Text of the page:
Buchanan, even more than Fillmore, was indifferent to the expansion of slavery to states entering the Union. He considered slavery a matter for the states to decide; since blacks had no vote, the decision was left totally up to the white population. In that regard, he supported a constitution put forward by the pro-slavery faction in Kansas, which had become a battleground between those forces and abolitionists since the passage of the Kansas-Nebraska Act three years earlier.
Moreover, Buchanan appears to have influenced the outcome of the Dred Scott decision, which was handed down two days after his inauguration, by urging a justice from the Northern states to vote with his Southern colleagues. Having learned that the Southern view would prevail, Buchanan then included a request in his inaugural address that all abide by the court’s decision. The thinly veiled racist hint would not be the last of its kind emanating from a president.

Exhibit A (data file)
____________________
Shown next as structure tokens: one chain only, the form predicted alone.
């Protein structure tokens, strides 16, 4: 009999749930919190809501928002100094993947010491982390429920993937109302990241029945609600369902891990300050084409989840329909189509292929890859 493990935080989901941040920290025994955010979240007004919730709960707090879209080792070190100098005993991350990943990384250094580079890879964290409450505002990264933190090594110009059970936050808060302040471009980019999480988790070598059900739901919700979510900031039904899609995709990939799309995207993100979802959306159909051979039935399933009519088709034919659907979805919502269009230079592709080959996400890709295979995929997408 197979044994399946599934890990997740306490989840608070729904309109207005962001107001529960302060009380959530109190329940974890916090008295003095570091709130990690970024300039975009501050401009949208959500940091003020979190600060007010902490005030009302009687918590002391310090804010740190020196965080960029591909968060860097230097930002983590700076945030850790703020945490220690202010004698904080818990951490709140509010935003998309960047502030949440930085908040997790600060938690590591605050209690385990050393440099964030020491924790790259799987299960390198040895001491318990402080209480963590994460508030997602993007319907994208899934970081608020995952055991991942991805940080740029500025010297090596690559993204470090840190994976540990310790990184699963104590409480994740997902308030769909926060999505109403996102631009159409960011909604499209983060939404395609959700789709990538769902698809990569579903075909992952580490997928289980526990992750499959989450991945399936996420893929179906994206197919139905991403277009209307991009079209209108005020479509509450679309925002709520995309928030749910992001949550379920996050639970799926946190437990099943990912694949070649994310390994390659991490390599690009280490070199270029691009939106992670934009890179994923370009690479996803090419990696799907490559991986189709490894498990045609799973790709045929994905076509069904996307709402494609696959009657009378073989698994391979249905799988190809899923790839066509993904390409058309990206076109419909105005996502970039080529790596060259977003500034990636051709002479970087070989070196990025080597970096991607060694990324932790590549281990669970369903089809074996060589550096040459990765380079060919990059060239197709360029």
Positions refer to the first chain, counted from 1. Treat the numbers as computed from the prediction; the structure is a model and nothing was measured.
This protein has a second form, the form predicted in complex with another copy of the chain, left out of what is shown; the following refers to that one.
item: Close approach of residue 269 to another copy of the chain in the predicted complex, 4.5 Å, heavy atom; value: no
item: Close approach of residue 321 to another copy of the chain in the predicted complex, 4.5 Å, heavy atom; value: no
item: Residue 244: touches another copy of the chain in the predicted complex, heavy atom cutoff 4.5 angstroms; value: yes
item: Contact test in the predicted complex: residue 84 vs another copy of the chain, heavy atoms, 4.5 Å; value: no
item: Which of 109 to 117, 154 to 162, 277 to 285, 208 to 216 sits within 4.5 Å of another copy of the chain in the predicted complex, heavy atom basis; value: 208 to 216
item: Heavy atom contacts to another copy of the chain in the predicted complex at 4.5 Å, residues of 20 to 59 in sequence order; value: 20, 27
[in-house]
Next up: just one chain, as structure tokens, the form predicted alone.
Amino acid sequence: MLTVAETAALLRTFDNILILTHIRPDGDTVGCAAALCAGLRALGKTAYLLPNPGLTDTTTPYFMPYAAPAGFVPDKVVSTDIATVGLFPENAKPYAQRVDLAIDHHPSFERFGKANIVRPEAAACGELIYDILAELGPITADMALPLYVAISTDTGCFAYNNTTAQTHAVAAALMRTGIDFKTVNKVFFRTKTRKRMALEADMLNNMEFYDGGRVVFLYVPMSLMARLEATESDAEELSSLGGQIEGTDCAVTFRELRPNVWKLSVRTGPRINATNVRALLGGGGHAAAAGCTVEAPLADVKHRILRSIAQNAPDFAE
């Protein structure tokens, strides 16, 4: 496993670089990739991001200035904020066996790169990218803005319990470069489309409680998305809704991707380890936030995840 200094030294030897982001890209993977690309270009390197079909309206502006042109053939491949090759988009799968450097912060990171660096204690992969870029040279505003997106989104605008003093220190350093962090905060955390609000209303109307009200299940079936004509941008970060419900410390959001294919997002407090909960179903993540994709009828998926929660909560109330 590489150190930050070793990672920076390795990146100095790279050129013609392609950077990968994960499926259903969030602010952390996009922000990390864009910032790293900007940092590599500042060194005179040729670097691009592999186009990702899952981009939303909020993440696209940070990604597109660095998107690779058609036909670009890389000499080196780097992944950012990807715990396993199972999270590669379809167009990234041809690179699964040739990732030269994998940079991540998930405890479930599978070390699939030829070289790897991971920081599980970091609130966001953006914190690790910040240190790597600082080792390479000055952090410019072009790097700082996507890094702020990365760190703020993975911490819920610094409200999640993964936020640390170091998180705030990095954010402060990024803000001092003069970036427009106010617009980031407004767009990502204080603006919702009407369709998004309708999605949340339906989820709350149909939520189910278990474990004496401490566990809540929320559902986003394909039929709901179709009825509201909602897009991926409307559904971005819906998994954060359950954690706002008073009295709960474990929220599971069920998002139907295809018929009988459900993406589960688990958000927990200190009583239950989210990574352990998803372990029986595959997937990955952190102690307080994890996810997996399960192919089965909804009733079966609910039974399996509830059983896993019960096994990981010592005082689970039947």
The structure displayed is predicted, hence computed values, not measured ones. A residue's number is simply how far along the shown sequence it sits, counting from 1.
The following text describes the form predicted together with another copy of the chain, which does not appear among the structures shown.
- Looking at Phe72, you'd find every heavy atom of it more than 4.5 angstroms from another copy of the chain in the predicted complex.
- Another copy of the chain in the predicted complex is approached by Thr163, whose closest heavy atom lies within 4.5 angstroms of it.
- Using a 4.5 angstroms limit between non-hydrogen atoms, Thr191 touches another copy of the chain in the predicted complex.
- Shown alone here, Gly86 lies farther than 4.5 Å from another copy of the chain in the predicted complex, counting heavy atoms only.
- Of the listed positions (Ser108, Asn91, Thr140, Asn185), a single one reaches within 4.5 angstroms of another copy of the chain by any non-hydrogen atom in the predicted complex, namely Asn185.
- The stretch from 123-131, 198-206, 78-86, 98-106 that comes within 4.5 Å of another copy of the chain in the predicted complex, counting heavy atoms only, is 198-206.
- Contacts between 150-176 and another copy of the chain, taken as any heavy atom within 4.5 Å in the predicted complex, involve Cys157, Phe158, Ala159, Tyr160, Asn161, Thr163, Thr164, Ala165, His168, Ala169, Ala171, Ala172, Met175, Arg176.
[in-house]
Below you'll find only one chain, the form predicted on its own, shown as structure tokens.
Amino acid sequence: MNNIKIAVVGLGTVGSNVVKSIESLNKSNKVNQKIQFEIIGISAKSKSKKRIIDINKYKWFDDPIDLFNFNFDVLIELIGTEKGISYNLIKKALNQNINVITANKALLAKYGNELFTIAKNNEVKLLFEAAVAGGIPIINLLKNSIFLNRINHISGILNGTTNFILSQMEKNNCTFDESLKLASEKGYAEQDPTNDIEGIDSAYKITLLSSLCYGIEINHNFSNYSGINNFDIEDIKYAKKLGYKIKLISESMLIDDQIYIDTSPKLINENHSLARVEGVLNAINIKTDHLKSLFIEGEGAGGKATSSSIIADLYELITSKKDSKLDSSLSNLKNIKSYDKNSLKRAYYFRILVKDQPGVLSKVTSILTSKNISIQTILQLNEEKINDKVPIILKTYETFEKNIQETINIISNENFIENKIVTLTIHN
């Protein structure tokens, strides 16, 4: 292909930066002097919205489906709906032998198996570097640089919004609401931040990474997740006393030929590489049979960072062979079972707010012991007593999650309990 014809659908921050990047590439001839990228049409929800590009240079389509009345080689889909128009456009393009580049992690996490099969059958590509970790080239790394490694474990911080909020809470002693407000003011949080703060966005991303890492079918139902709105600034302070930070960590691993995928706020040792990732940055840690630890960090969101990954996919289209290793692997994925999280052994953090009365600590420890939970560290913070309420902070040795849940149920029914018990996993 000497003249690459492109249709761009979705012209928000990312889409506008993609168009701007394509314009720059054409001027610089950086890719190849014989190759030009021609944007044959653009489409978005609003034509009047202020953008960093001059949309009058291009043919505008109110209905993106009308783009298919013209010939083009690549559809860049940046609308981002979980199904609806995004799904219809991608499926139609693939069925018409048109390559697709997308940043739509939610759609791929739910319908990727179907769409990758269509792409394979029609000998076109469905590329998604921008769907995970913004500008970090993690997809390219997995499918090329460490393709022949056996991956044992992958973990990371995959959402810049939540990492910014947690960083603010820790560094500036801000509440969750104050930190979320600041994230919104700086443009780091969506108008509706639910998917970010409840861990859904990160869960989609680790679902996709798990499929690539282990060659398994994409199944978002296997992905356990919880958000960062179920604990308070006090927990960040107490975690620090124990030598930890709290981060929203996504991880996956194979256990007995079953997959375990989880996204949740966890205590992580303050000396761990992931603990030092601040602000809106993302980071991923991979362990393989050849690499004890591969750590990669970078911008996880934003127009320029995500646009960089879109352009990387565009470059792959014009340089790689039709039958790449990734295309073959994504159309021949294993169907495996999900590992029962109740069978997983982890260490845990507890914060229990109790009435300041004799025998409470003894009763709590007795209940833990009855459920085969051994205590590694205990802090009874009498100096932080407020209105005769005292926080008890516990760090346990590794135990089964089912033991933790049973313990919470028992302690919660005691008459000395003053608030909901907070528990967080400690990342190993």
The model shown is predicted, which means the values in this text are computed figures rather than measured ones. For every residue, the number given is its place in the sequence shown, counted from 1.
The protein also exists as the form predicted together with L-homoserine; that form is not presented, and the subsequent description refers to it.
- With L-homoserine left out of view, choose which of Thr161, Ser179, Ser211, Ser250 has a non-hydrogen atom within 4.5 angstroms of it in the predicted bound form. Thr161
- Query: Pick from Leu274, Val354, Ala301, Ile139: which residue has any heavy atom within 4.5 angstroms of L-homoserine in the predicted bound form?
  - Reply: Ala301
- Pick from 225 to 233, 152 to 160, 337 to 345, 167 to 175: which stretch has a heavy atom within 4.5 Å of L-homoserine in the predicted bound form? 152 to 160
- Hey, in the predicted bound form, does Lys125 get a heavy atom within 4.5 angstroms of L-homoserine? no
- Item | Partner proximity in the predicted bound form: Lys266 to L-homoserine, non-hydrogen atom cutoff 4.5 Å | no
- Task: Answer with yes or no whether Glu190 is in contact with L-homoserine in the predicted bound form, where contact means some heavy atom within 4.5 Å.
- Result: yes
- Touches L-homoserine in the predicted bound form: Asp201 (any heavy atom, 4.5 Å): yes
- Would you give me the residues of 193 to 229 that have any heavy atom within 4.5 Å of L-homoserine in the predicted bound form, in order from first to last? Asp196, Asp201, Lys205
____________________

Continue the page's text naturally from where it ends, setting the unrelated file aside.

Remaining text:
Buchanan’s foreign policy, like that of Fillmore, was generally hostile to Europe but bullying toward Latin America, especially Cuba and Mexico. In particular, he employed the navy to pressure Britain to limit its presence in Central America; Britain controlled the colony of British Honduras, as well as numerous Caribbean islands.
Buchanan sought unsuccessfully to annex Cuba. As for Mexico, Buchanan tried to pressure America’s neighbor to the immediate south in a number of ways. He proposed to launch another attack on Mexico so as to seize its northern states, but the Congress would not go along. He asked Congress for funds to police both Mexico and Central America. Again, Congress did not cooperate. Finally, the Senate would not ratify a treaty that his administration had negotiated for American transit rights through Mexico. In the end, Buchanan managed to get Mexico—as well as Costa Rica and Colombia—to cover damages to American property and won transit rights from Nicaragua.